At the Sundance Film Festival, coming-of-age comedies are almost a dime a dozen. So the really good ones, the ones that refresh, redefine, reinvent the genre, need to really stand out and really exceed in many ways. Another one at the 2013 festival that definitely hit those marks is Jordan Vogt-Roberts's Toy's House, from a screenplay written by Chris Galletta. It's one of those films that I'd already heard great buzz about, mostly due to comparisons to Superbad meets Stand By Me (e.g. Erik Davis' review), which is some kind of crazy high praise that it pretty much lives up to. But, remarkably, Toy's House really is that great of a film.
On this week's episode of The Golden Briefcase, Tim and Jeremy are joined by guest Ryland Aldrich of TwitchFilm as well as our own Alex Billington of FirstShowing to go over their latest picks of the week, the newest in DVD & Blu-ray releases, new trailers for the Coen Brothers' Inside Llewyn Davis and Juan Solanas' Upside Down and much more. The main topic of the night was a complete discussion on the 2013 Sundance Film Festival, which just concluded this past weekend (our coverage). Ryland and Alex talk about some of their must-sees of the festival and discuss this year's films in relation to years past. Listen in!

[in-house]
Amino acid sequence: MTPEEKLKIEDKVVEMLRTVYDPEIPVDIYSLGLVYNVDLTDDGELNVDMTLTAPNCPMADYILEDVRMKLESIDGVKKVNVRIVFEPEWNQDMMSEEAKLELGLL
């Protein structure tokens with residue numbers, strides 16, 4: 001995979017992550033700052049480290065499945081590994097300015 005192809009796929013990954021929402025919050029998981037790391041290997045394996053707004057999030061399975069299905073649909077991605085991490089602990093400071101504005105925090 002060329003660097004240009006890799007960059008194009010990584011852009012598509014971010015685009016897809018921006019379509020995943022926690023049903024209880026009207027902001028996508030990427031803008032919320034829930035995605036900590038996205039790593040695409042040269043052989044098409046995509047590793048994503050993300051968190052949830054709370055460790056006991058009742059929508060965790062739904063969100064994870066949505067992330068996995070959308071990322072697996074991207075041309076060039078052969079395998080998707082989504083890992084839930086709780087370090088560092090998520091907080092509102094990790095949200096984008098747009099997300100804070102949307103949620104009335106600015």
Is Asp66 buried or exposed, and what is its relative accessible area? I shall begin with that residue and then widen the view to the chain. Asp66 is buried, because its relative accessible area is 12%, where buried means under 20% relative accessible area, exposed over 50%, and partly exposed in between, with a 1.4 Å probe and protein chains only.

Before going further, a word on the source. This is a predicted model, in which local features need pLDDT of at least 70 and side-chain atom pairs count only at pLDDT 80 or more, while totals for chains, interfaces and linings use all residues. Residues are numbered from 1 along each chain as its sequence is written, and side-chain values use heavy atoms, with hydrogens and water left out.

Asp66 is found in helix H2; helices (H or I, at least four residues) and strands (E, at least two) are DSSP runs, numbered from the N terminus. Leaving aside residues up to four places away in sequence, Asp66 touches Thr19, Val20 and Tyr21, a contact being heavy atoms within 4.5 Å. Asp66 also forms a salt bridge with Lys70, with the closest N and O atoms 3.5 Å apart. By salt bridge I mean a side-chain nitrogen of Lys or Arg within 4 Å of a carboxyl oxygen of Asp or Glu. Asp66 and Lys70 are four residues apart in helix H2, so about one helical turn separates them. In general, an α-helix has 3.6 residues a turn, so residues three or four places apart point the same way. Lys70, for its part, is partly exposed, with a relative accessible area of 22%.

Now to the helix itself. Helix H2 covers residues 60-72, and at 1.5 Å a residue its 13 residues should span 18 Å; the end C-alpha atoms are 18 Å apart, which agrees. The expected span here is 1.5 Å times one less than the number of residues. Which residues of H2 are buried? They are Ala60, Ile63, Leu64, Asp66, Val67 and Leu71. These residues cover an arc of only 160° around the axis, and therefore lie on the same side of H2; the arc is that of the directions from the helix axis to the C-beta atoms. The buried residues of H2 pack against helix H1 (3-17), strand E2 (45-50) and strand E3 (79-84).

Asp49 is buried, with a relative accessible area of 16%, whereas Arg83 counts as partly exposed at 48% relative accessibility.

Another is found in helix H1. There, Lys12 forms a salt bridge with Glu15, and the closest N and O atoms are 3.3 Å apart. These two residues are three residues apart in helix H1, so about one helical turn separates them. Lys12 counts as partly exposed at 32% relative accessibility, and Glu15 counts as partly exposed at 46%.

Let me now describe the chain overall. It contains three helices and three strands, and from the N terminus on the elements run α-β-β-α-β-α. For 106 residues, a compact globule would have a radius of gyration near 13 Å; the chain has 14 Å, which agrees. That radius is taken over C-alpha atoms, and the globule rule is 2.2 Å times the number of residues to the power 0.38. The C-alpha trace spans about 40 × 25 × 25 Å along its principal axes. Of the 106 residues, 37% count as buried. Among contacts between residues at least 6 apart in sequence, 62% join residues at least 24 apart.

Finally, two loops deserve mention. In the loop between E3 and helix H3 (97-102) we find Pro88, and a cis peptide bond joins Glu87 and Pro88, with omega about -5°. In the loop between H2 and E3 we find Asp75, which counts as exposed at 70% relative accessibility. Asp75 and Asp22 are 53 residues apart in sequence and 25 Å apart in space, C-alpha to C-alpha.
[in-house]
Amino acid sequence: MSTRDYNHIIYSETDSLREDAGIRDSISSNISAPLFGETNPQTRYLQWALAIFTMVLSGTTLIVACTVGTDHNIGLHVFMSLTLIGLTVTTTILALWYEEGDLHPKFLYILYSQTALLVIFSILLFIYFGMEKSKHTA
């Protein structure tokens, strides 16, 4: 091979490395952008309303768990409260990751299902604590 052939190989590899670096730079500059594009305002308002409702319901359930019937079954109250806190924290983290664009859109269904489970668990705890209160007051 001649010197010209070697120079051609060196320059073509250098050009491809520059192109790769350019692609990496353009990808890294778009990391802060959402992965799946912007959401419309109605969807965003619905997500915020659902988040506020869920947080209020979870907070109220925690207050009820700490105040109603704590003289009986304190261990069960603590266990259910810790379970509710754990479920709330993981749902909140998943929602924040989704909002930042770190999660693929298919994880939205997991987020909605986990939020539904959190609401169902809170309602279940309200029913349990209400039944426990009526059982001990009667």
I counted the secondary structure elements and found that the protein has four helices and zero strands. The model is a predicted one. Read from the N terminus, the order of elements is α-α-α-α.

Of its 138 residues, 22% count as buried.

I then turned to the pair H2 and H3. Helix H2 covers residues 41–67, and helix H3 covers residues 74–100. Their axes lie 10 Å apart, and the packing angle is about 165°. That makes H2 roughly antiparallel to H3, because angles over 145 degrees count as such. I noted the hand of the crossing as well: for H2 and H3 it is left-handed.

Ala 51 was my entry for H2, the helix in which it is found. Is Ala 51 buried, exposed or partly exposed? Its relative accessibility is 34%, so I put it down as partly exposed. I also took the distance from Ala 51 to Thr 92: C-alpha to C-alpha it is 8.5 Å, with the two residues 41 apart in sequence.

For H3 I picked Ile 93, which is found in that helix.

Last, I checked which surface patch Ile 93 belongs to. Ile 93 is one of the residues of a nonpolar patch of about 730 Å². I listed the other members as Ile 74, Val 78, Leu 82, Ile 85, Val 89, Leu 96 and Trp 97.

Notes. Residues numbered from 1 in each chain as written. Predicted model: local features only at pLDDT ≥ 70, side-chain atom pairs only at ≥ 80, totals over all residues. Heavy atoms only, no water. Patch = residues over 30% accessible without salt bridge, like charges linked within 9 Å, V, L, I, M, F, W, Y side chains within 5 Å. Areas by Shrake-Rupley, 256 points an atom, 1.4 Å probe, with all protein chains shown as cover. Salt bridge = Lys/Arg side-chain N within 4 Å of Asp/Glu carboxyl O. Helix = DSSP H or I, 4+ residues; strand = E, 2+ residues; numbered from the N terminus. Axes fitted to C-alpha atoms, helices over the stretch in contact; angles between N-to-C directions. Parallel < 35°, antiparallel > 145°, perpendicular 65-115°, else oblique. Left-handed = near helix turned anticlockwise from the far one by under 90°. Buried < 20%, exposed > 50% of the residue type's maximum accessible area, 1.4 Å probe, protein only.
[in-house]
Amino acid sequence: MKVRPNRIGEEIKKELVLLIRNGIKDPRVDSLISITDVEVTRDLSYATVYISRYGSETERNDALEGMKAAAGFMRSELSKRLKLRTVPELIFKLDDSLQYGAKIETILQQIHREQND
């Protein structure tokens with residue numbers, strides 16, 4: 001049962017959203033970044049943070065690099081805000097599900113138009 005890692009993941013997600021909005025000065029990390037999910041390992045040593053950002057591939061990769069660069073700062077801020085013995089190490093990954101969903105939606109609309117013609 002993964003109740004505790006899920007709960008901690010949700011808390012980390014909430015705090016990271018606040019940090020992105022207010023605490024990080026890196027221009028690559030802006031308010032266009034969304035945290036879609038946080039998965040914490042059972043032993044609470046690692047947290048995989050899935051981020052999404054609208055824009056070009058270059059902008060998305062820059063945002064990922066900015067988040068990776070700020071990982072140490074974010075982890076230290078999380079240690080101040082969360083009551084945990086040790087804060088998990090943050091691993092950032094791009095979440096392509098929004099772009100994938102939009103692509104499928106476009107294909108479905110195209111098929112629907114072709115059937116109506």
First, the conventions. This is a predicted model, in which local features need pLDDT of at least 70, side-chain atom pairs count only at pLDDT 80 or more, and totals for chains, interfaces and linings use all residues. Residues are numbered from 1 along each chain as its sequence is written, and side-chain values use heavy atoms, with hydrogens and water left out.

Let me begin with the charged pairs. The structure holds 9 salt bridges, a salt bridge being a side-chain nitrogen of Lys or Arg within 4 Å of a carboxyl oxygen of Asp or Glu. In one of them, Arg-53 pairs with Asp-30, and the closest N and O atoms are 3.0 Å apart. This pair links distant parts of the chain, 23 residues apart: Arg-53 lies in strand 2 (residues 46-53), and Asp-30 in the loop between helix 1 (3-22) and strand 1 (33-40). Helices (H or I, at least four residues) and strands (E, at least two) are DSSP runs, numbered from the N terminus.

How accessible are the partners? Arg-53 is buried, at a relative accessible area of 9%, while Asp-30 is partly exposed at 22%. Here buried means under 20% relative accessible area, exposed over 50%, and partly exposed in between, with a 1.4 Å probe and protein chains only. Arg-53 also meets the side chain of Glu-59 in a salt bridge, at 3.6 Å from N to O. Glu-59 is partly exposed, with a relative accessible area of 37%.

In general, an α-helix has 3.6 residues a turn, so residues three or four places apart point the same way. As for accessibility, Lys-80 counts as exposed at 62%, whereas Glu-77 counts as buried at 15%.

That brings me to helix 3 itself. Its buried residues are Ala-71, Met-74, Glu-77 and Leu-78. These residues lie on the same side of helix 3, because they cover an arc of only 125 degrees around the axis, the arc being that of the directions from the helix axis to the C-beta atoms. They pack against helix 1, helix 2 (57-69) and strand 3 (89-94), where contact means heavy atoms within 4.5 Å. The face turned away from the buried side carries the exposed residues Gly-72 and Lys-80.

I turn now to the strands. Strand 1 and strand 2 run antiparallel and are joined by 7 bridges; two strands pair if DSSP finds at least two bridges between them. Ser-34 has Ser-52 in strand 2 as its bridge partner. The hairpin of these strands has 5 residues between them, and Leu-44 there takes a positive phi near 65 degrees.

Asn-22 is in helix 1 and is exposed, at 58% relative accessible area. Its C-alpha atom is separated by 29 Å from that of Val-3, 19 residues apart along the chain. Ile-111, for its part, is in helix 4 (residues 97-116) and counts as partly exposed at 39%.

The 2013 Sundance Film Festival may be over (check out all of our coverage right here), and now many are probably wondering when they can see some of the films that premiered in Park City. We've featured the sales of some of our favorite films including James Ponsoldt's The Spectacular Now being picked up by the new distribution label A24 and Richard Linklater's Before Midnight unsurprisingly landing at Sony Pictures Classics, but we figured a round-up of a bunch of the other big purchases of films with buzz at the festival was in order so you know which films you'll likely end up seeing throughout the year 2013. Read on!
Now that Sundance 2013 is over, we're looking back at our favorite films from the festival this year. We recently posted our own list of Top 5 Favorite Films, but there are plenty of other great movies that deserve to be mentioned. One thing I love about festivals is the variety of opinions and thoughts on every single film playing, which is why I love asking my friends and colleagues about what their favorites were - so that's what we did. I recorded 10 videos with friends during the end of the festival, similar to my Cannes 2012 favorites video last year. Almost everyone I spoke to chose a different film. It's a quick watch so check it out.